I just watched a video on a young savant named Stephan Wiltshire. He like musician Derek Paravicini has amazing skills even though both of them are considered to be “mentally challenged”. Early in my career as a social worker for the Michigan Department of Public Mental Health, I had the opportunity to get to know and work with savants who had been institutionalized because their families and so-called authorities at that point in time did not recognize their potential as contributions to society.
My work with the developmentally challenged taught me that everyone has certain gifts that are not always discernible to the eye. To quote a euphemism one cannot judge a ‘book’ by it’s cover! My very first immediate supervisor, during my DMH days, was an RN with a masters degree in English. At our staff meetings she would accuse me of giving our consumers “too much credit” when it came to estimating their cognitive abilities. I spent a lot of time on the wards with the consumers and the direct care staff. After a point we all bonded. We understood on an intrinsic level that we all shared commonalities of the human condition. I spent the majority of my time observing the residents, their responses to the environment they lived in and their interactions with the staff and their peers. As a student of empiricism, my annual social summaries written about the consumers were more objective than anyone realized and were markedly different from summaries from previous years. The social workers that created the previous summaries would cut and paste reports that were old and inaccurate. No one questioned the sameness of the reports. After reviewing my work my supervisor Nurse Alice would go on the wards and question the staff about the validity of my summaries. To her consternation, she discovered that my reports were an accurate reflection of the consumers abilities based on my observations and the feedback from a staff had deliberately mislead other social workers! At a point in our “professional relationship” Nurse Alice willfully contradicted her knowledge of English grammar, when reviewing my reports, in an effort to prove that I was her intellectual inferior! Her challenges to my writing style only served to hone my skills. Long before I met Nurse Alice I understood that pressure makes diamonds.
As a young black man, my mental abilities had been severely underestimated throughout my academic and professional career so it was no big stretch for me to understand that others whom society had categorized as mentally deficient might also be capable of more than they were given credit for.
God Don’t Make Mistakes
I have heard that saying all of my life having grown up in the black church. I applied that faith-based logic to my consumers back in the day. Prior to my work at that facility, I had no knowledge of a population of severely mentally and physically disabled people to the extent that I encountered at my job. I had to work it out in my own mind as to how and why they had become afflicted. I came to understand that the diagnosis of “mechanic injury at birth” meant that many of them had been delivered with forceps and a few had their deliveries postponed until the doctor arrived! Most of them had been stored away in the institutions and forgotten by their families. In some instances the families sent out death notices in an effort to conceal the fate of their prodgeny!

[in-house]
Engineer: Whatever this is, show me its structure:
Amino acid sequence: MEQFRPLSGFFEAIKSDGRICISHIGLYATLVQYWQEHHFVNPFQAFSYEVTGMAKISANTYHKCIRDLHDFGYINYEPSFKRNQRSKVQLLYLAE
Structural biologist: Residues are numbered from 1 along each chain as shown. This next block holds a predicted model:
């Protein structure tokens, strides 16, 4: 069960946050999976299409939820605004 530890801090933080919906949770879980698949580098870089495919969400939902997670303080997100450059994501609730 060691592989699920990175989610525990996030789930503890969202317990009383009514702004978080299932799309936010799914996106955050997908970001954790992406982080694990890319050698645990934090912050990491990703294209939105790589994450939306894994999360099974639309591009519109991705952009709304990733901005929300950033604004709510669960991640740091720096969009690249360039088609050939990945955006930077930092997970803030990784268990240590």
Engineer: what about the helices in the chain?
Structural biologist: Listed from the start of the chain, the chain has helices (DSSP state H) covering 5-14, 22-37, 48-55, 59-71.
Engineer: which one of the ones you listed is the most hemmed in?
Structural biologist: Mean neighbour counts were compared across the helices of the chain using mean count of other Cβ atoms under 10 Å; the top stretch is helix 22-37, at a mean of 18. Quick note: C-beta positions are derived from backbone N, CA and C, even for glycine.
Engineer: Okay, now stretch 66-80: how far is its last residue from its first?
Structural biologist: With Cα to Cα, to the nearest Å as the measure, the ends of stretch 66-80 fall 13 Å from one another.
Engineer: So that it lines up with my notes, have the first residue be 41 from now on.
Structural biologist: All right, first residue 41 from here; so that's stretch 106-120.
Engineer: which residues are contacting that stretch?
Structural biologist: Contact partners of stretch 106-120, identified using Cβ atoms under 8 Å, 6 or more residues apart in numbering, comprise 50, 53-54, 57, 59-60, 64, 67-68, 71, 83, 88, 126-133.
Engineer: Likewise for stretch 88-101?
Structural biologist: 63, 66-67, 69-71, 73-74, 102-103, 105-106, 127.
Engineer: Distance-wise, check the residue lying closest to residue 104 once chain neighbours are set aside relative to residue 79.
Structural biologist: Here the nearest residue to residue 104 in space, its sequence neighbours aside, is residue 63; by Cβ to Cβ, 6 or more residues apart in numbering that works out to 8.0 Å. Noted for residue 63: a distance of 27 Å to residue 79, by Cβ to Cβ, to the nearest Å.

Scientists speculate that we actively use about 7% of our brains for conscious thought. Working with the developmentally challenged caused me to ponder; what might be going on with the other 93% and alternatively when cognitive areas of the brain are damaged what areas of the brain take over those functions? I worked with savants that could not remember your name but could recall the month, day and year in which you were born by the mere sound of your voice. There was a young man in our program that could walk through a building and later draw a detailed floor plan but was incapable of performing anything other than rudimentary self-care!
I met those young men decades ago. I shudder to contemplate what might have become of them. The facility where they lived closed some years ago. They were most likely placed into foster care if they survived the trauma of transitioning from the institution to a “less restrictive environment”. God only knows their fate.
When the public mental health system was dismantled in the late nineties, advocacy for the chronic mentally and developmentally challenged effectively died too. Many of the people that were housed in state funded facilities now roam the streets. Many of the critically ill did not survive the transition from 24 hour supervised care to foster care. Ironically, the Department of Public Mental Health under the Blanchard Administration declared community placement a success! Engler put the last nails in the coffin by closing the remainder of the DMH facilities and privatizing most of the agencies’ functions. In the past 2 years, with the Michigan economy in crisis, many of the privately funded agencies that flourished in the 90’s have been forced to downsize or close.
I fear for the fate of all the undiscovered talents like Stephan and Derek. There have to literally be thousands of men and women with undiscovered talents like theirs. The erosion of social programs will prevent their discovery. That erosion already prevents basic care for the poor and disabled. It will take something short of a miracle to reverse that trend. I shall remain optimistic cause God don’t make no mistakes.